Ten years ago, thousands of Muslims were massacred at Srebrenica. In the coming days, several hundred Bosnians who have settled here plan to return to remember the dead and reconnect with their past.
Dzevad Malkic wants to retrace the route he took to escape death and once again see the places where so many of his relatives and friends disappeared.
Hasiba Husic looks forward to burying the remains of her father, a victim of the homicidal brutality that forced her to flee her native land. Aziz Salihovic wants to visit the site where his house once stood. Now, it is a pile of rubble.
They are among several hundred people living in the St. Louis area who plan to be in Bosnia in coming days to memorialize relatives lost in the worst atrocity in Europe since World War II.
July 11 marks the tenth anniversary of the day when nationalist Serb police and military forces attacked the United Nations-declared “safe haven” town of Srebrenica and began the massacre of more than 7,000 Muslim men and boys.
The genocide helped prompt a flood of refugees that in time would lead St. Louis to become home to one of the largest Bosnian communities outside of Europe. One local social service agency estimates that between 35,000 and 40,000 Bosnians now live in the metropolitan area. Within that community are about 4,000 to 5,000 survivors of Srebrenica (sreh-breh-NEET-sah), the largest such concentration anywhere outside of Bosnia.
Despite their presence here, many St. Louisans are unaware of the brutality and inhumanity that many of their newest neighbors suffered at the hands of their former countrymen.
“If St. Louisans could hear the stories I’ve heard, it would boggle the mind, ” said Ron Klutho, a former social worker who continues to work closely with Bosnians here. “I don’t think anybody could even believe that a human mind could think of these things to do to other humans.”
For Bosnians, Srebrenica is their 9/11, said Mary Carroll, resettlement director for Catholic Charities Refugee Services in St. Louis. “How can Americans ever forget 9/11? We won’t, ” Carroll said.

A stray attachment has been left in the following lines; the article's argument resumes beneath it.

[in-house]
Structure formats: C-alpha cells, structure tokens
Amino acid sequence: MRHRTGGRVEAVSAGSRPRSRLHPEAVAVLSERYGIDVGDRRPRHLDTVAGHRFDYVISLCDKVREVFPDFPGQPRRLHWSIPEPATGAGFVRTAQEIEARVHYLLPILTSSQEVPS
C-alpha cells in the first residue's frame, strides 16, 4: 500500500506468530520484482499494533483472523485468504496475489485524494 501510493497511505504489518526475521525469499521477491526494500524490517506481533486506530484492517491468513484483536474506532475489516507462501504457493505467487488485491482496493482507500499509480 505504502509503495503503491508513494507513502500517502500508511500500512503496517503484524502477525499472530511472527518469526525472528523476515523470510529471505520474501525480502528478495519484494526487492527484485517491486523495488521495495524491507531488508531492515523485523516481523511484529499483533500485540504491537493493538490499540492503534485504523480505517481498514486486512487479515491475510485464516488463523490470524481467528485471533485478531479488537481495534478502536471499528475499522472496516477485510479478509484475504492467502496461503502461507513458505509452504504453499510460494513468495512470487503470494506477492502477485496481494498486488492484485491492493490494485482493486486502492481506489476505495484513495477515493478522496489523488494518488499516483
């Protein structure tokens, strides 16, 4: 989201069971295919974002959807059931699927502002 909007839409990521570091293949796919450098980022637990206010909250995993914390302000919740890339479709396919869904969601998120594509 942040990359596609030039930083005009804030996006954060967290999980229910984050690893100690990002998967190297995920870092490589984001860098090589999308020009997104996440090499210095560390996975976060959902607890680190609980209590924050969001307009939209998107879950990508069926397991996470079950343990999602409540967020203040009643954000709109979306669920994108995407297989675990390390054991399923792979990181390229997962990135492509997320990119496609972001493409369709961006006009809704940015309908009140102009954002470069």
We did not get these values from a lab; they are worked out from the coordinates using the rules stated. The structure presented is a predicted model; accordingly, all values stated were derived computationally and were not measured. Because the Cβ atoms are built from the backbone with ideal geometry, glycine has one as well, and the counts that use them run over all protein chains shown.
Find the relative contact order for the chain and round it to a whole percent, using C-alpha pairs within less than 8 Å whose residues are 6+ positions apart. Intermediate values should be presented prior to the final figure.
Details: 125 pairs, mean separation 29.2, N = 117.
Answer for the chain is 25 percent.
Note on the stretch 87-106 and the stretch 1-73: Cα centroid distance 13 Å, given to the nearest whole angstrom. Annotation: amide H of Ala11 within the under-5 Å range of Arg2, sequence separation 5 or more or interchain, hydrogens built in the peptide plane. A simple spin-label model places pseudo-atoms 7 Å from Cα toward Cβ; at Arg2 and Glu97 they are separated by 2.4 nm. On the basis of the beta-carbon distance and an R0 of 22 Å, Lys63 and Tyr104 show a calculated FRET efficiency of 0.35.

“How can Bosnians ever forget Srebrenica? They won’t. They’re living with us, and they are a part of us, and we need to know what they’ve gone through.”
Atrocities, mass graves
It was a faraway war in a place that many Americans knew little about. It involved a complex stew of ethnic and religious groups.
The conflict began in 1992. That year, with the breakup of the former Yugoslavia under way, Bosnia-Herzegovina followed Slovenia and Croatia and voted to become an independent state, in which Bosnian Muslims were the biggest ethnic group. But Bosnian Serbs opposed the move. They instead sought to align with President Slobodan Milosevic who desired an ethnically “pure” Greater Serbia.
The Serbs formed their own state under President Radovan Karadzic and their own army under Gen. Ratko Mladic. That spring, the Bosnian Serbs launched an all-out offensive against Croatians and Bosnian Muslims, also known as Bosniaks. The action introduced the term “ethnic cleansing” into the language.
Some of the first resistance to Serb aggression was encountered at Srebrenica, a former silver mining town, 50 miles northeast of the capital, Sarajevo.
As surrounding towns fell, refugees fled to Srebrenica and the enclave’s population swelled from 8,000 to 40,000.
Muslim defenders launched counterattacks against nearby Serb areas, in which they stand accused of committing their own atrocities.
Serb attacks on the town continued. U.N. food convoys were blocked and the local population faced starvation.
In March 1993, French Gen. Philippe Morillon, head of all U.N. military forces in Bosnia, traveled to Srebrenica and declared it under U.N. protection.
It eventually became one of six U.N. declared “safe areas” in the country.
But for the next two years, Serb forces continued to shell and mortar the town, one of the few remaining pockets of Muslim resistance in eastern Bosnia. NATO airstrikes and the presence of Dutch peacekeepers did little to stop the attacks.